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Teresa Ramos

The Ethnography of the University Initiative (EUI) joins a long history of critique, challenge and transformation of higher education. EUI courses are an important site for the creation of non-traditional narratives in which students challenge 'business-as-usual' in higher education. For under-represented students, this includes inquiry and analysis of the racial status quo at the University. In this article, I provide a student's perspective on EUI through my own experiences with EUI research as both an undergraduate and later graduate student investigating race and racism at the University of Illinois at Urbana-Champaign (U of I). Using ethnographic methods and drawing on critical race theory, I provide two examples of EUI research that critiqued the University's management of race. The first example is a collaborative ethnography of the Brown versus Board of Education Commemoration at U of I – a project that I joined as an undergraduate (Abelmann et al. 2007); and the second is my own dissertation on 'racial risk management', a project that emerged from my encounter with EUI. I discuss both projects as examples of Critical Race Ethnography, namely works based on empirical research that challenge institutions' racial composition, structure and climate.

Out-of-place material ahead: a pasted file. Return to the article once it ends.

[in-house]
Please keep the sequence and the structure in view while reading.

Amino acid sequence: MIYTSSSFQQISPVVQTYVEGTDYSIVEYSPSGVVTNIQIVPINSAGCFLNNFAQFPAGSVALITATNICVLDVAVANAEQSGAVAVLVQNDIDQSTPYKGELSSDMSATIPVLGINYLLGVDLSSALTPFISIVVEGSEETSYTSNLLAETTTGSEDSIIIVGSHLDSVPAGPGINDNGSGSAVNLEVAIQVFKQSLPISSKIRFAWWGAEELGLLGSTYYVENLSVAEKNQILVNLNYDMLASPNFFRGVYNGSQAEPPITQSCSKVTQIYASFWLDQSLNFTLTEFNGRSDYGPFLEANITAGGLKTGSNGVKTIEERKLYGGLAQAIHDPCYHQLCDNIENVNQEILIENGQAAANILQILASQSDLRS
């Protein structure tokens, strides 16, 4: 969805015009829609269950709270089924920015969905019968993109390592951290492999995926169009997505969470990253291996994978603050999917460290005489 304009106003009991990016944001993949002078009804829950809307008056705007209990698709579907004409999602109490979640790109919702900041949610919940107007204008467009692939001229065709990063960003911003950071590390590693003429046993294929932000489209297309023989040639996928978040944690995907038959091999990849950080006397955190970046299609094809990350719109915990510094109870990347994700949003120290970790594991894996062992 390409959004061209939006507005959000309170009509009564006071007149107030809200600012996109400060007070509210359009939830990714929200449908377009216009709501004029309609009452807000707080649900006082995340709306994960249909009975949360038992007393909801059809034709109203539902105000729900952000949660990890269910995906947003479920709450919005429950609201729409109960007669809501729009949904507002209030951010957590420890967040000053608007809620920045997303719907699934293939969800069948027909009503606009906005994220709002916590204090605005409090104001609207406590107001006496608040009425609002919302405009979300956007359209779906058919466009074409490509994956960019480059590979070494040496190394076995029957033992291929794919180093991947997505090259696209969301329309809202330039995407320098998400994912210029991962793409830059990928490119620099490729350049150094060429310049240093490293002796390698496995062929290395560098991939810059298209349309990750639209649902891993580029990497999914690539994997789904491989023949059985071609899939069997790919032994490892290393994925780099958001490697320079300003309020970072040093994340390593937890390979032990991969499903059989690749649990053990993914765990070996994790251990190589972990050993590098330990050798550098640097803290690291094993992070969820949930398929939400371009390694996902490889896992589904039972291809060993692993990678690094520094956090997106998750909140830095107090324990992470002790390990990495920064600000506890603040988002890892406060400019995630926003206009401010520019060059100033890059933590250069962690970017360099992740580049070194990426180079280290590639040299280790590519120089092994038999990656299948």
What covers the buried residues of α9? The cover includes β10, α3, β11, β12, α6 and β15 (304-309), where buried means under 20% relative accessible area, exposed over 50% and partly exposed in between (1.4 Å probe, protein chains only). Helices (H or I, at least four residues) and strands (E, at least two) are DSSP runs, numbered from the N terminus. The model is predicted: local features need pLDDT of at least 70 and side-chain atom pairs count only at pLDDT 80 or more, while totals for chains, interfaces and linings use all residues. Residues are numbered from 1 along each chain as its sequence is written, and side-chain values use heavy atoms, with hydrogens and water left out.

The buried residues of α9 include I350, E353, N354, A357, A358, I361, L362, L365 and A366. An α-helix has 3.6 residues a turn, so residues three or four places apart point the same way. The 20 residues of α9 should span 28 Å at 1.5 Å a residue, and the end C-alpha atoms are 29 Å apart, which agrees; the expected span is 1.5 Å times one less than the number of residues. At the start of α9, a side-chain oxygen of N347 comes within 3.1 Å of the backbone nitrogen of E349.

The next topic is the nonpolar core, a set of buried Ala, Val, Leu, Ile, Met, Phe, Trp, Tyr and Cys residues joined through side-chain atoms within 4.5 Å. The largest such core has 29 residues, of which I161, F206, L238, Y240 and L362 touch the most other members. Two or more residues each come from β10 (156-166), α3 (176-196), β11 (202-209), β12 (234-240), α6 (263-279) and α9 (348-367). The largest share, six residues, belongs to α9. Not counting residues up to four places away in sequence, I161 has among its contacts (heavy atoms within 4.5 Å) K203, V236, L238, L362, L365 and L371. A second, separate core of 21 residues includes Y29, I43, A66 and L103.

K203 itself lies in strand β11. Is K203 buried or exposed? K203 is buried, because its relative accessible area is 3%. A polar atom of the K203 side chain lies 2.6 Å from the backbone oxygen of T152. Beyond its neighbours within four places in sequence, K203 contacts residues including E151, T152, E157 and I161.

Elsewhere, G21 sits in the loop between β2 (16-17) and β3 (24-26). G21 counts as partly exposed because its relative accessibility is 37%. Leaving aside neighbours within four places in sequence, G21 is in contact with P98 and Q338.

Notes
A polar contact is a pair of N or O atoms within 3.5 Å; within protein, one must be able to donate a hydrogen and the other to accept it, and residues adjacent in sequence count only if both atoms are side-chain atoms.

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Searching for the Young Soul Rebels

On Writing, New Wave, and the Ends of Cultural Studies

Richard Langston

allegiances with critical race theory and queer studies. It was as if only the language of Cultural Studies could ensconce critique once and for all in a bastion impervious to the wilds of popular culture. 1990s Pop: Life versus Death Scholarship on German pop

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Shubhi Sharma, Rachel Golden Kroner, Daniel Rinn, Camden Burd, Gregorio Ortiz, John Burton, Angus Lyall, Pierre du Plessis, Allison Koch, Yvan Schulz, Emily McKee, Michael Berman, and Peter C. Little

oppressive world” (61), urban farms using participatory and experiential techniques to teach both critical race theory and vegetable cultivation, creative networking efforts that urge philanthropic organizations to be more inclusive of people of color and

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Ayse Serap Avanoglu, Diana Riboli, Juan Javier Rivera Andía, Annalisa Butticci, Iain R. Edgar, Matan Shapiro, Brooke Schedneck, Mark Sedgwick, Suzane de Alencar Vieira, Nell Haynes, Sara Farhan, Fabián Bravo Vega, Marie Meudec, Nuno Domingos, Heidi Härkönen, Sergio González Varela, and Nathanael Homewood

global location, race, class, gender, and sexuality, making this excellent reading for those interested in religion, citizenship, critical race theory, critical race feminism, Caribbean studies, and media anthropology. Nell Haynes Northwestern University